Sermon – December 1, 2002 – The Door

December 1, 2002

The Door

Advent 1

Ann and I have been working on our house since the day we moved in, it
seems. We’re getting close to accomplishing ‘the list’ of things we
just had to get done. What remains, mostly, are the doors. Doors to
paint, doors to strip, doors to hang properly. I walk around those doors
and eye them warily. I am in no hurry to attend to them because I have
a little post-traumatic stress when it comes to doors. You see, once
when I was in Texas, I decided to hang a new screen door on the back
porch. Now, a normal person could have hung that screen door in a day
and gone fishing. I started on Monday and declared it good enough on
Friday. Everything that could go wrong did. When I tore off the old
door frame, I broke the stuff I didn’t want to remove and had to replace
that. My miters weren’t good, so I had to recut them. The siding
flares out below the door so the door didn’t hang properly. As I ground
down the siding in an attempt to make the door fit, my drill burned out.
It was a jinxed project. Needless to say, it caused me to
get up on the wrong side of bed in a couple of occasions. Because what
was to be a journey of progress and accomplishment and a pleasure,
turned out to be a frustration and a chore. By getting caught up in all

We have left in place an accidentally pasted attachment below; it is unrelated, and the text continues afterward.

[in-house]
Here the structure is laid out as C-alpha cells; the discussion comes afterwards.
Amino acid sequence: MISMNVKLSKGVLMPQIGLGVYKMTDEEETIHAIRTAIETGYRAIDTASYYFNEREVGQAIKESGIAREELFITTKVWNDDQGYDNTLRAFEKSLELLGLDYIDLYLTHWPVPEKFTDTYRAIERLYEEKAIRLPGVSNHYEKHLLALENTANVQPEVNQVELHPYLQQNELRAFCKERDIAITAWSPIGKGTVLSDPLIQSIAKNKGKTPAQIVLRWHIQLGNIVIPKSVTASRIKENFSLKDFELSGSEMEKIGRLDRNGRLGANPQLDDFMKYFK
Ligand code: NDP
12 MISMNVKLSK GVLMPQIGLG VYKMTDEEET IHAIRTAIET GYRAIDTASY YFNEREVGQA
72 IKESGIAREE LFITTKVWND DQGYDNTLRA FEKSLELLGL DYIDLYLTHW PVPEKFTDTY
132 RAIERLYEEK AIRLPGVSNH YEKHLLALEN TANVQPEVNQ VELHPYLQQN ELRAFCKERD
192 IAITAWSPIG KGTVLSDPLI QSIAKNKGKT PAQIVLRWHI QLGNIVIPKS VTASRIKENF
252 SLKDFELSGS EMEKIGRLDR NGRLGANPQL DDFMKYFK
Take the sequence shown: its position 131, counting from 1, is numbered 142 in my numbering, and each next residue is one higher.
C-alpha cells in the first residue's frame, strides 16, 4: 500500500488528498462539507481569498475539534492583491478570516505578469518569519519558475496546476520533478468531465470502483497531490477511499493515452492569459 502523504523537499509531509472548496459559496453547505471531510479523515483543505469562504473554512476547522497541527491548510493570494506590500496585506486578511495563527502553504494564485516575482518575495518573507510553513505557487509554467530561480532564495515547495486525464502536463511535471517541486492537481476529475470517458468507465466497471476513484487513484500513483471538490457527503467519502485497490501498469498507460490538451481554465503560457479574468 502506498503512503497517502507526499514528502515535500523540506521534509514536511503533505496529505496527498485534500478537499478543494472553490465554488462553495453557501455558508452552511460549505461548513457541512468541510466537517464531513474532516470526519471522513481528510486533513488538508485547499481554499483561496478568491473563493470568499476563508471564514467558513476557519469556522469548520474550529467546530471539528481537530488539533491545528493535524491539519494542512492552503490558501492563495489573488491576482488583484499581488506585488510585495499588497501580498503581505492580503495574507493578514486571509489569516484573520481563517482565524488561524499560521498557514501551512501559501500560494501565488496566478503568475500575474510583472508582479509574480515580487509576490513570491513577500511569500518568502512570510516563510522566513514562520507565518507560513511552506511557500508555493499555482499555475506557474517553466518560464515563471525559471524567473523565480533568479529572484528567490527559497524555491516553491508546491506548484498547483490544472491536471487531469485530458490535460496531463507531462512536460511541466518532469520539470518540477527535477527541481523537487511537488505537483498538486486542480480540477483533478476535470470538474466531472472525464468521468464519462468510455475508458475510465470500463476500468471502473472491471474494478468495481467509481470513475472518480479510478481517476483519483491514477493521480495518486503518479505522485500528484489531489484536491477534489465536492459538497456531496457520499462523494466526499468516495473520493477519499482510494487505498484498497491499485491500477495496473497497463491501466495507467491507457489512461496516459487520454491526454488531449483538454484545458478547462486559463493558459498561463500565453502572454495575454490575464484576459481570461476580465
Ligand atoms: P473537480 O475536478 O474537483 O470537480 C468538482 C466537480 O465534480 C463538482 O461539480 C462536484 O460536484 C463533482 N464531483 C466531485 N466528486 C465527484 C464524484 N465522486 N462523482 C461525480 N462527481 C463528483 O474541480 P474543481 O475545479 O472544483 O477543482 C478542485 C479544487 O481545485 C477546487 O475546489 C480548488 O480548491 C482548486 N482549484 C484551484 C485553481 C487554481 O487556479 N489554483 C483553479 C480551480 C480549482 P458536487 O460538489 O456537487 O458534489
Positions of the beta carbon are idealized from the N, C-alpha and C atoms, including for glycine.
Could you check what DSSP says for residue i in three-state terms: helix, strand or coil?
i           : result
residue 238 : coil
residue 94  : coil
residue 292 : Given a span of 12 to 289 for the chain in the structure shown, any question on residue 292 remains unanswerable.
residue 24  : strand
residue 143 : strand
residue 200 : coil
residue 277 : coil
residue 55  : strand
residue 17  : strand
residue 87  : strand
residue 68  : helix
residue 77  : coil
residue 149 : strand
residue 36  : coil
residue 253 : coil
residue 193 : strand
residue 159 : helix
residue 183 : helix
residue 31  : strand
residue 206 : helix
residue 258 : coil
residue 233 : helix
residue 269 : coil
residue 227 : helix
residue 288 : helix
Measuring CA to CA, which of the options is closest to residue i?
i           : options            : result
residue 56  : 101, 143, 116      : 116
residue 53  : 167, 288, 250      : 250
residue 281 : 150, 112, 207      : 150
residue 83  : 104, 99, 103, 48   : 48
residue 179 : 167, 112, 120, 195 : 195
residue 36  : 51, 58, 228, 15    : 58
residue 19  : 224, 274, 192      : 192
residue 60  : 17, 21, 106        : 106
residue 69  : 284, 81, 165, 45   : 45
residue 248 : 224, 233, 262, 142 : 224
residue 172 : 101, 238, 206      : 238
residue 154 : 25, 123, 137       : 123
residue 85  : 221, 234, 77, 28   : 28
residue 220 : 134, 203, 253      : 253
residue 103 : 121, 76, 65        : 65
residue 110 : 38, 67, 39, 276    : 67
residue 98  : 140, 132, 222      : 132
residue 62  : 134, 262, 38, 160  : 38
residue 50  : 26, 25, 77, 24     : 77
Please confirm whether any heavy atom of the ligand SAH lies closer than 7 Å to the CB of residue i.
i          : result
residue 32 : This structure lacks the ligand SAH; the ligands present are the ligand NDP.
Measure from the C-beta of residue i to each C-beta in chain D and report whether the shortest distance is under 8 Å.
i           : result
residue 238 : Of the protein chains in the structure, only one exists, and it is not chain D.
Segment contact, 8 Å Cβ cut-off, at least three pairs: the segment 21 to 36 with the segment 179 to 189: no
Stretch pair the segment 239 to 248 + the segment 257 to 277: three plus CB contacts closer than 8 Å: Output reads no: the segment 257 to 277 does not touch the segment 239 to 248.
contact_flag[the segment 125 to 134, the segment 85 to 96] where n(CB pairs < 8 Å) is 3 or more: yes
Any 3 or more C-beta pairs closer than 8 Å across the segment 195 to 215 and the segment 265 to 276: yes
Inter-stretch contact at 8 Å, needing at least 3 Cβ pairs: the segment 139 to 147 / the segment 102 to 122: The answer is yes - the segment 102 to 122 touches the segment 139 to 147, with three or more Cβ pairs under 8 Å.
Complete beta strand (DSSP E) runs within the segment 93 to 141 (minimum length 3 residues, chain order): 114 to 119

the unexpected events of that project, I lost the joy of the journey.
Hanging that door became an angry urgency, rather than a pleasure. I
had lost my joy of the journey. And that door haunts me still.

We begin today in our church year, in our scripture readings and in our
personal lives, our journey toward Christmas Eve. This is the first
Sunday of Advent, the beginning of the new year when we anticipate again
the coming of Christ in the manger and in the fulfillment of time.
Our scripture readings tell us to prepare, that the Lord is coming. We
heard from the Gospel of Mark today, be alert, be awake, be prepared.
That is a call to be attentive on the journey. It was intended and can
be read as something of a warning, first of all, that in this time of
waiting and anticipation, there will be plenty of opportunities to stray
on the journey, to be caught up in the impatience and the frustration
and the unknowing as we wait for Christ. To be alert and to be awake